The residents of Sweet Town awoke in their normal fashion. People turned restlessly in warm, cinnamon-scented sheets as the morning light filtered through slanted gum stick blinds. Gummy bear alarms rang, and parents hurried to their soothing apricot baths. Children drowsily opened their eyes in lollipop-swirled bedrooms. Outside, a meringue sun inched up behind the chocolate mountains, engulfing the town with a lemon scent. Marshmallow clouds drifted in the sky, and fruit-flavored flowers peeked out from the cake crumb earth.
“Timothy, get down here or you’ll be late for school again!”
“I’m coming!” Timothy yelled.
His mother waited at the foot of the stairs with her arms folded. “I don’t want to get another call from your principal about you skipping school, do you hear me?”
“Yes, Mom,” he said, looking down at the floor.
His mother kissed his cheek, leaving a sticky imprint. “Have a wonderful day, darling.”
Timothy sighed and trudged down the hallway. Shutting the front door, he saw the Brownie Bus nearing its stop at the end of the block. He rushed down the sidewalk and up the stairs of the bus. As it chugged down the street, he found a coconut-covered seat behind the bus chaperones, Mr. Moonpie and Mr. Marmalade, Marzipan Middle School’s librarian and band teacher. The two old men were deep in conversation.
“Did you hear? Veggieville is thinking of waging battle on us again,” said Mr. Moonpie.
Mr. Marmalade leaned back, his eyes glittering behind thick, sugar-hardened glasses. “Really? Even after what happened last time?”
“What?” Mr. Moonpie asked, holding up a butterscotch ear horn.
“EVEN AFTER WHAT HAPPENED—”
Startled, Mr. Moonpie fumbled with the ear horn, which crashed to the floor. “Geez, there’s no need to yell,” he muttered. “But yes, I heard…” He trailed off when he spotted Timothy, and snatched up the butterscotch ear horn. He whipped around to Mr. Marmalade, whispering under his breath.
Timothy pressed his forehead against the window. All of Sweet Town’s citizens had black licorice hair, gumdrop eyes, and red taffy lips with a bright jellybean smile. But Timothy didn’t look much like anyone. He had bright orange skin and green, leafy hair. When he smiled, only dull brown beans showed through.
The bus stopped and a few of his classmates trickled on. Timothy hesitantly waved to Susan, the popular girl, and she smiled back, stretching the sprinkling of nutmeg freckles that dotted her nose. Timothy flushed, and a fine, sugary red powder appeared all over his body. Susan and her friends leaned toward one another in their seats.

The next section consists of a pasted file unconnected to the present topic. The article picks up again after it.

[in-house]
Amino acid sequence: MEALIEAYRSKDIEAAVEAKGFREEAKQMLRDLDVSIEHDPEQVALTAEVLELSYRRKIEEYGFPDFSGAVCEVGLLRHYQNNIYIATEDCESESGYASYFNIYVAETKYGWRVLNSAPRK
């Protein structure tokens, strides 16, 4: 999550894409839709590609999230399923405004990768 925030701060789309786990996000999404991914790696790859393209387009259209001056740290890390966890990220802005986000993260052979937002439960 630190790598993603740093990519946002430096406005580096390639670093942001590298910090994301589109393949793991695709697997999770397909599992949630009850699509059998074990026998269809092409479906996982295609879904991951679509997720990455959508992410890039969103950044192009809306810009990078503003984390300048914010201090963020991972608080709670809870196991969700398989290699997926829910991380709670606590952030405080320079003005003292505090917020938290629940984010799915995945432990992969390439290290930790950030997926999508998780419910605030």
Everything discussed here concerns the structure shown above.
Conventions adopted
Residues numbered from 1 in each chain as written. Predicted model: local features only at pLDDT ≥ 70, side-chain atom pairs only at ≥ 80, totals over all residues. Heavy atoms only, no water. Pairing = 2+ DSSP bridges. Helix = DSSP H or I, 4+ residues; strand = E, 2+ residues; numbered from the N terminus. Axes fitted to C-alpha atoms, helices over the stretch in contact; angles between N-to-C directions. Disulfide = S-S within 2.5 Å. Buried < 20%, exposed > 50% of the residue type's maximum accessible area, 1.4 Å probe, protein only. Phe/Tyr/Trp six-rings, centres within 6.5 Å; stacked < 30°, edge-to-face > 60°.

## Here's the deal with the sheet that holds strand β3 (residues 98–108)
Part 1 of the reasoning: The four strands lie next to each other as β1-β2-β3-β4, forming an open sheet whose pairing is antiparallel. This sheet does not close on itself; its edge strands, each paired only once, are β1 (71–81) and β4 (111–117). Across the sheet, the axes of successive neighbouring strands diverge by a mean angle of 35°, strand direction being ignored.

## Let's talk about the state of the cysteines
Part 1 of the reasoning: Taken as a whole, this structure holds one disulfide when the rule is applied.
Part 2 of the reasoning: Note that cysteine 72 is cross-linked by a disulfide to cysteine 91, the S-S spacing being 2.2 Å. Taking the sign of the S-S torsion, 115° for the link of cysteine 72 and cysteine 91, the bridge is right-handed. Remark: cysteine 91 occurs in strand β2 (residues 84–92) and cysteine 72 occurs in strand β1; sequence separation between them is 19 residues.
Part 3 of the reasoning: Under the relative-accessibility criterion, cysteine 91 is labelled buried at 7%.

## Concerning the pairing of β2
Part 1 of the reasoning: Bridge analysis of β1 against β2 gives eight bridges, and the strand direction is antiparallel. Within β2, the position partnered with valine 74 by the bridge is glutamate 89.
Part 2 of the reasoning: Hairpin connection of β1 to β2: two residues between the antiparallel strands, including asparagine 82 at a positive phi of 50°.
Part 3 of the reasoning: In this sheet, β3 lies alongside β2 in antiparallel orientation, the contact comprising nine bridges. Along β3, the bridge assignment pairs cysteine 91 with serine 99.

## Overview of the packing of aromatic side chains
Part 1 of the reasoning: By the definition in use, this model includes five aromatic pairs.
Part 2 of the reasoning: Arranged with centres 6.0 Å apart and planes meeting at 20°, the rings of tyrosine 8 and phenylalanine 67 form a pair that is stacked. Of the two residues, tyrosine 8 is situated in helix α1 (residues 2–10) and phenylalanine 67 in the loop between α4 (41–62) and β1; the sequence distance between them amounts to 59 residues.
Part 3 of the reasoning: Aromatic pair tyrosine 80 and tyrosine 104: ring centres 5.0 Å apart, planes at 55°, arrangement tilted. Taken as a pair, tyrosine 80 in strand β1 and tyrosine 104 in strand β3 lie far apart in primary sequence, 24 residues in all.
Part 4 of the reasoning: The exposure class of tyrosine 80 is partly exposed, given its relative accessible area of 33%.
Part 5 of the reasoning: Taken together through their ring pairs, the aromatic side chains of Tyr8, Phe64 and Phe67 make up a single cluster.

“I can’t believe Timothy thinks we’re actually going to be his friends,” Susan said. Her entourage giggled. “He’s so…ugly!”
Timothy’s heart plummeted, and he sunk lower in his seat.
Mr. Moonpie and Mr. Marmalade began to talk louder over the crowded bus.
“He looks like he came straight from Veggieville and he doesn’t even know it,” Mr. Moonpie said, shaking his head.
Timothy sat up, confused. What on earth was Veggieville? He had never even heard of such a place!
Without thinking, Timothy ran off the bus at the next stop and rushed home. He ran past the Sweet Town Capitol, with its tapioca towers and rainbow-tinted windows, and the post office, with its manicured candy straw lawn. When he reached his house, he bounded through the front door and marched to the kitchen table.
“Timothy?” his mother asked, surprised. “What are you doing—”
“What’s going on, Mom?” he asked.
She lowered herself into the chair across from him. “What do you mean?”
“What’s Veggieville?” he persisted.
Her eyes grew wide and she flushed. After a moment, she looked up and attempted a smile. “It’s just a village over the mountains,” she said. “Nothing for you to worry about.”
“But I heard they’re going to attack us!”
“No,” she said, her voice breaking. She swallowed. “No,” she repeated, her voice clearer this time. “Of course they won’t attack us.” She wiped the sticky red powder from her forehead.
Timothy didn’t believe her. He grunted and shoved back his chair, and ran up to his room. He slammed his door so hard that it rattled in its frame, and a white yogurt chunk chipped away and fell to the floor.
That night Timothy had a hard time sleeping. Where was Veggieville, and why did people think he looked as though he belonged there?
When the first light of dawn crept through Timothy’s gum stick blinds, he got out of bed and tiptoed downstairs. One of the stairs creaked and he paused, heart thumping. But his mother’s room remained silent, so Timothy ran down and out the front door.
He went to the Rocky Road River. Looking to make sure no one else was around, he slipped off his shoes, rolled up his pant legs, and sat with his feet dangling into the ice cream. Despite its name, the river changed flavors each day, and this morning it was a rich vanilla.
He sat on the bank, thinking. It’s funny, but he had never before wondered what lay beyond SweetTown’s borders. As far as he knew, no resident had even left the village. But Veggieville was out there somewhere. If he followed the river all the way through the mountains, what would he find?
Timothy stood and brushed off his pants, determined to find out. He headed upriver, and after a while, the ground beneath his feet started to look different. In between the cake crumbs scattering the earth, grass grew in thin patches. Timothy ran his fingers through the unfamiliar stalks, which felt silky to the touch. Soon the cake crumbs disappeared, and the ground was blanketed in green.
Timothy noticed something unusual poking from the ground, and reached down to pick it up. It looked like a lollipop, but instead of a rainbow-swirled center, it was speckled dirty brown. He sniffed it, and tentatively placed it into his mouth. His eyes popped open—it was a strange mixture of sweet, combined with something earthy he didn’t recognize. He had never tasted something so delicious! Seeing many of these strange lollipops growing about, Timothy plucked a handful and shoved them into his pockets.